The pig is pushed either with a gas or a liquid; if pushed by gas, some systems can be adapted in the gas inlet in order to ensure pig’s constant speed, whatever the flow pressure is. The pigs must be removed, as many pigs are rented, pigs wear and must be replaced, and cleaning (and other) pigs push contaminants from the pipeline such as wax, foreign objects, hydrates, etc., which must be removed from the pipeline. There are inherent risks in opening the barrel to atmospheric pressure so care must be taken to ensure that the barrel is depressurized prior to opening. If the barrel is not completely depressurized, the pig can be ejected from the barrel and operators have been severely injured when standing in front of an open pig door. By accident, one pig was shot out of the end of a pipeline without a proper pig receiver and went through the side of a house 500 feet away. When the product is sour, the barrel should be evacuated to a flare system where the sour gas is burnt. Operators should wear a self-contained breathing apparatus when working on sour systems.
There are many incidents recorded where operators get injured or even killed while performing a pigging operation. Common causes of such incidents are:
- closure door is opened, while the vessel is still pressurized;
- main process valve is opened, while the closure door is not yet fully closed;
- closure door is opened, while a high concentration of H2S or other toxins still remain inside the vessel;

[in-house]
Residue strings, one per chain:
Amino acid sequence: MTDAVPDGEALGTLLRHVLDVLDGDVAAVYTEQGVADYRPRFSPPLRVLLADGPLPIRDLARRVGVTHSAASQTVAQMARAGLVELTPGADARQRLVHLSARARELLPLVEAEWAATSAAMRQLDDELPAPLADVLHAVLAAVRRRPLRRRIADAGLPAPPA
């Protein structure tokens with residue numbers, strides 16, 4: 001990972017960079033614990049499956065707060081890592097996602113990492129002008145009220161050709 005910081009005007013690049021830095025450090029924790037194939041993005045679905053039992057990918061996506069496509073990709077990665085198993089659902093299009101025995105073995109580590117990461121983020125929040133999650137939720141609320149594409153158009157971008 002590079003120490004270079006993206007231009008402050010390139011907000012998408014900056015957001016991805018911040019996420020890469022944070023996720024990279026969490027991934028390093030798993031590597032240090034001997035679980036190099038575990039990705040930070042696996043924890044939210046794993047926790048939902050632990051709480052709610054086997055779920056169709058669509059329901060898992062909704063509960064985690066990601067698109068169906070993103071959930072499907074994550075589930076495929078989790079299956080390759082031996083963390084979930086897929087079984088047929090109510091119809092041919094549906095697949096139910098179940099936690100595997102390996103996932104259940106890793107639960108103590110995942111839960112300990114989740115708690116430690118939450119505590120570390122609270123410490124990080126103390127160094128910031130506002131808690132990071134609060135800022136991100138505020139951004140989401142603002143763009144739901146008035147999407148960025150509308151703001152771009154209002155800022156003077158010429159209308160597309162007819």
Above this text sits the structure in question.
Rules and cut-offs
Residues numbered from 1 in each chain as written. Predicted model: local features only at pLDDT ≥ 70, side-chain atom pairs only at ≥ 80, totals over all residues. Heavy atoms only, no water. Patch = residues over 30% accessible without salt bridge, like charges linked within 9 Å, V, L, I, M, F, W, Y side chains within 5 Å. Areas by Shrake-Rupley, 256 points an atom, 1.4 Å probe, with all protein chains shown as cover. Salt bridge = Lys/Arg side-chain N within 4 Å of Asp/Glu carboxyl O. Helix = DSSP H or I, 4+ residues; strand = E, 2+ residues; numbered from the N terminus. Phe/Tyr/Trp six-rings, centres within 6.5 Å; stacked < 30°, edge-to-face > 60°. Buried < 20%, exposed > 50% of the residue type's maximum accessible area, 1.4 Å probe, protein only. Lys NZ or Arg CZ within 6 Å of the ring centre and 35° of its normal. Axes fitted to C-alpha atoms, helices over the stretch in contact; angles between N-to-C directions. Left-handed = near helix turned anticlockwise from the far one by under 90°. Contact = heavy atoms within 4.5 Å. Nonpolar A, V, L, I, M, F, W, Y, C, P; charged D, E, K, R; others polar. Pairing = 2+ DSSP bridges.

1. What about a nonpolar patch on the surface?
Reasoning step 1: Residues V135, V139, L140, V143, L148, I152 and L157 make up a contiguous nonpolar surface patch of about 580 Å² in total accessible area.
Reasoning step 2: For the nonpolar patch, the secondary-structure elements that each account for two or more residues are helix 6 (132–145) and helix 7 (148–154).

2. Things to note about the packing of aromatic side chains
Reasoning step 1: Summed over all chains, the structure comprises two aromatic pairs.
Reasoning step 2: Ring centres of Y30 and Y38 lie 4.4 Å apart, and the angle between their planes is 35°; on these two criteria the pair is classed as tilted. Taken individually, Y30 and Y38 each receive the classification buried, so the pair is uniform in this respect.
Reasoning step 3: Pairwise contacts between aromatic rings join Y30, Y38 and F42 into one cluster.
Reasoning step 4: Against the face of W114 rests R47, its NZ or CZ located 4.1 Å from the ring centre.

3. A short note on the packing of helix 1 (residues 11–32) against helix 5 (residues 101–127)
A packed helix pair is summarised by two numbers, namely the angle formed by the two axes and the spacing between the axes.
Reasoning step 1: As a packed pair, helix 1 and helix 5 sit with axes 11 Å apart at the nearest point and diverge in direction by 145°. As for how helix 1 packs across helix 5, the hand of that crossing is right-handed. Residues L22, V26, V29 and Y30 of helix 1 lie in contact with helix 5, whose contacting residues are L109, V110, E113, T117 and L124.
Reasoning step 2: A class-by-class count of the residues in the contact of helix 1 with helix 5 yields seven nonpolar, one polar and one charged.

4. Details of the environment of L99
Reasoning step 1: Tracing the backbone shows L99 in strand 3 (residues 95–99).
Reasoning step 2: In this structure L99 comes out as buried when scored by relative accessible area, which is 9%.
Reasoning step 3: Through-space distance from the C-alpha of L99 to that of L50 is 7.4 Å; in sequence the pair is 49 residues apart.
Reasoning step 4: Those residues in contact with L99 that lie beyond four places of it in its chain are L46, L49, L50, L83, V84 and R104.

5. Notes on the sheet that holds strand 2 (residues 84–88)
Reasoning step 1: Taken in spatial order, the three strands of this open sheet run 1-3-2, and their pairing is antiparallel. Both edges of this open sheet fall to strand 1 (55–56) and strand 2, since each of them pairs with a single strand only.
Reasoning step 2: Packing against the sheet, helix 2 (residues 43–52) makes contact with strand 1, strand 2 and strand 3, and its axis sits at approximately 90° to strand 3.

- vent valve remains open, while the vessel is being pressurized with its medium.
All these causes are directly related to improper operation of the process valves and the closure door. A common method to avoid these kinds of incidents is to add valve interlocks, which is nowadays adopted by all global oil and gas operating companies.
Safety during pigging relies on the strict adherence to safety procedures, which give detailed description of a safe valve operating sequence. By physically blocking incorrect operations, valve interlocks enforce such sequences, rather than interfering with them. Valve interlocks are permanently mounted to manual and motor operated valves and the closure door. The interlocks block operation of a valve or door, unless the appropriate keys are inserted.
The original pigs were made from straw wrapped in wire and used for cleaning. They made a squealing noise while traveling through the pipe, sounding to some like a pig squealing, which gave pigs their name.”PIG” is sometimes claimed as an acronym or backronym derived from the initial letters of the term “Pipeline Inspection Gauge” or “Pipeline Intervention Gadget”.
A “pig” in the pipeline industry is a tool that is sent down a pipeline and propelled by the pressure of the product flow in the pipeline itself. There are four main uses for pigs:
- Physical separation between different fluids flowing through the pipeline
- Internal cleaning of pipelines
- Inspection of the condition of pipeline walls (also known as an Inline Inspection (ILI) tool)
- Capturing and recording geometric information relating to pipelines (e.g., size, position).
How Pigging work
Pigging works by propelling a device with wiping discs (the Pig) through the pipeline from the source to the destination. As the pig travels through the pipeline, it pushes out the trapped product and cleans the pipe walls leaving the pipeline ready for the next product transfer. The pig is most frequently propelled with air or nitrogen, but can be just as effectively be pushed with a liquid such as a cleaning or flush media or even another product. Typically any liquid, resin, or paste product that can be pumped can also be pigged.